Brown Snake

Brown Snake - 7


The brown snake (Pseudonja textilis) is a native snake in Australia that belongs to the family Elapidae, the genus Pseudonaja.

It is found along the coast in Australia from Cape York to Queensland, New South Wales, Victoria and South Australia. These are also found in arid northern areas and sometimes in New Guinea.

Because of rodents they can often be found near people’s homes and farms. It lives in a wide range of habitats from eucalyptus forests to meadows, forests and arid areas.

Brown Snake’s Food

The brown snake feeds on birds, lizards, bats, rodents, and other mammals.

Due to the large amount of prey found in nature and the ease with which it hunts due to venom, lengths have been recorded above average, the longest snake being 3 meters long.

Brown Snake’s Features

The brown snake has a very variable body color at maturity. From a shade of brown it varies to different colors, including very light brown. They can have shades of orange, silver and yellow.

This is the main reason why people do not distinguish snakes in general, they have different colors and mislead them. In addition, the variety of environments and the very similar form of the species are added, and not least the size. The brown snake has an average length of 1.5 to 2m, rarely exceeding 2m.

It is a daytime snake, meaning it is active during the day. When he is agitated, he keeps his neck raised in an upright position in the shape of an S. He usually tries to avoid confrontations by withdrawing and sometimes running away, but if provoked he becomes very aggressive. It is attracted by rural and agricultural areas due to the large number of rodents.

The brown snake is the venomous snake in the world after the taipan. Poison consists mostly of neurotoxins and coagulants. The snakes from the laboratories and those to whom the venom for antivenin is harvested yield a yield of not less than 4.7 mg (a very large quantity considering the high concentration).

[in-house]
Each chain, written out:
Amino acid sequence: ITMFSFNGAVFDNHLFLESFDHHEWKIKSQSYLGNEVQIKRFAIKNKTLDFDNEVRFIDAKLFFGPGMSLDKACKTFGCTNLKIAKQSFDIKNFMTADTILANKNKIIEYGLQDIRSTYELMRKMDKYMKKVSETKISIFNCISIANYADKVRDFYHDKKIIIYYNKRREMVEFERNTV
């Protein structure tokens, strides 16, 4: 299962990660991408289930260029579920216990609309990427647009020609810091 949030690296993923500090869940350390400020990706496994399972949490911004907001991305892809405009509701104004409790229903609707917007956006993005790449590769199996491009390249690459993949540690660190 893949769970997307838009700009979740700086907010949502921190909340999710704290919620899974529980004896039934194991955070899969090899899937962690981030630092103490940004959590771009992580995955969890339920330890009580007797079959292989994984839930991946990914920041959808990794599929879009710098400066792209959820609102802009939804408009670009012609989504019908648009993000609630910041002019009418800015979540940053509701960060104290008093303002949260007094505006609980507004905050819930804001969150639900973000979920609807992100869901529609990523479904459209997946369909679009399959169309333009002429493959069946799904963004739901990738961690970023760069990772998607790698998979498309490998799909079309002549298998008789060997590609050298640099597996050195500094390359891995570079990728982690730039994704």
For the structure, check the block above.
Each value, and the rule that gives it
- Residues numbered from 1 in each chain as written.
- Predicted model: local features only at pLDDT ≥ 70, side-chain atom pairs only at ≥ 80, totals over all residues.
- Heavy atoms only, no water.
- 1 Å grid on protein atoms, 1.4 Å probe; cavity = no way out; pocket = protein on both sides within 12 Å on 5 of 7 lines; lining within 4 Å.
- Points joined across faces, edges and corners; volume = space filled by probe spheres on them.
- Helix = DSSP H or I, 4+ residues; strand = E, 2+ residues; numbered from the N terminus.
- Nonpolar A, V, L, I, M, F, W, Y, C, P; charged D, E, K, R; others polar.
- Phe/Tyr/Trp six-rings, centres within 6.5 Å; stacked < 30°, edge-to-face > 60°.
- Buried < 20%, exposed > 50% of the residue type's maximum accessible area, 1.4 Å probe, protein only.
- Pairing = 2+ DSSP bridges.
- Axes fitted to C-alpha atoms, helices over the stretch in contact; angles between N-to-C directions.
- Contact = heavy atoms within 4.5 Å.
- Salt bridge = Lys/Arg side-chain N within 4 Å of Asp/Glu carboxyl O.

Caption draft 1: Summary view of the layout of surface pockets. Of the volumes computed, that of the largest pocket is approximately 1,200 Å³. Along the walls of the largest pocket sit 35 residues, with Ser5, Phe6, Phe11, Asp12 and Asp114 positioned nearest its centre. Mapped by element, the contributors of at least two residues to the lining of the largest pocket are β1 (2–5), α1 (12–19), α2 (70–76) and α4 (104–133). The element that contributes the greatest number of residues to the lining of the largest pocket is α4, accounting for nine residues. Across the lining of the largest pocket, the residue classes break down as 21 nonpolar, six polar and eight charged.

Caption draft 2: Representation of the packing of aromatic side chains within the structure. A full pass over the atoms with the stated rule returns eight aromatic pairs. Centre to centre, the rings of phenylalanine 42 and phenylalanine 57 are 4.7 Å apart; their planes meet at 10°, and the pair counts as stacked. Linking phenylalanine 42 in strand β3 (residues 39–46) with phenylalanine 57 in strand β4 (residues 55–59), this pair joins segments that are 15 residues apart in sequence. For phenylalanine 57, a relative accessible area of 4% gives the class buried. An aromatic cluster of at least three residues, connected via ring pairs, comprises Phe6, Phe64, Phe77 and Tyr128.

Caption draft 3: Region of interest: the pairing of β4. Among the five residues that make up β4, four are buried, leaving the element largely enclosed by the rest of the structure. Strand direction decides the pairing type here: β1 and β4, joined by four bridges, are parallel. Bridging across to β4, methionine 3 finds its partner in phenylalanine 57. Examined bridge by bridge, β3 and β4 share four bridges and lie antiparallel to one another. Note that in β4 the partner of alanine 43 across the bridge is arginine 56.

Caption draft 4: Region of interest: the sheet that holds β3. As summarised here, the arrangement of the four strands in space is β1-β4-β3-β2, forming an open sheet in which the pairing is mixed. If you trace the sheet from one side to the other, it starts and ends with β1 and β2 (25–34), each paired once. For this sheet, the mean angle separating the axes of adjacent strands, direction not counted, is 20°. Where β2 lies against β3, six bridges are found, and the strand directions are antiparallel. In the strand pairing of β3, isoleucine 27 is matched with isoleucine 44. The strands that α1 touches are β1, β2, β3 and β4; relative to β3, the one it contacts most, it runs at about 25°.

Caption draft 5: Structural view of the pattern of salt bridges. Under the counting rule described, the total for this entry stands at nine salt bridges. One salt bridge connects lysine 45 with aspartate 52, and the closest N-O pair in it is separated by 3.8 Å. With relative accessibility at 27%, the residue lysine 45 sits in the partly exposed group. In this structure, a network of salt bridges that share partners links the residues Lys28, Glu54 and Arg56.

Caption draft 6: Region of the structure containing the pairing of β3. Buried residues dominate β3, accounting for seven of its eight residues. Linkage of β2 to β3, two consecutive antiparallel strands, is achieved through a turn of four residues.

Like most venomous snakes, the amount of venom produced depends on the size of the snake. Worell in 1963 collected a 41.4 mg sample from a 2.1m snake, usually producing a maximum of 10mg.

On February 8, 1981, an experienced snake caretaker cleaned the cage of a female who had deposited 30 eggs on December 8, 1980. He was bitten by his thumb and the traces of two corners could be clearly seen 30 minutes later.

Her hand was tied to a rubber shoe near her shoulder and she was rushed to the hospital. She was given physiological and antivenom serum and within an hour the garage was released.

Over 6 days he returned to work. A 9-year-old girl died after being bitten by her leg while in the corn chain. She collapsed unconscious and was taken to hospital, the cause of death was not known until two hours after death.

Brown Snake’s Reproduction

The reproductive characteristics have not been intensively studied due to the fact that it is a very dangerous snake. The female produces 4 to 12 elongated eggs about 45mm long and 20mm wide with a hard shell.

Females can lay eggs twice a year depending on seasonal variations and the amount of food available.

The females lay eggs in tree logs, between stones, in low tree trunks, in a leaf nest, so that they are protected from predators and at the same time protected from the harsh conditions of the weather stand at high temperatures.

Eggs are compromised if they stand in the wind or beat the sunbeams over them more than necessary. During the mating period the female emits a smell using the anal glands. The males will fight each other for the territory and the dominant male will mate with the female.

They do not guard the eggs very much, after hatching the baby snakes are completely independent.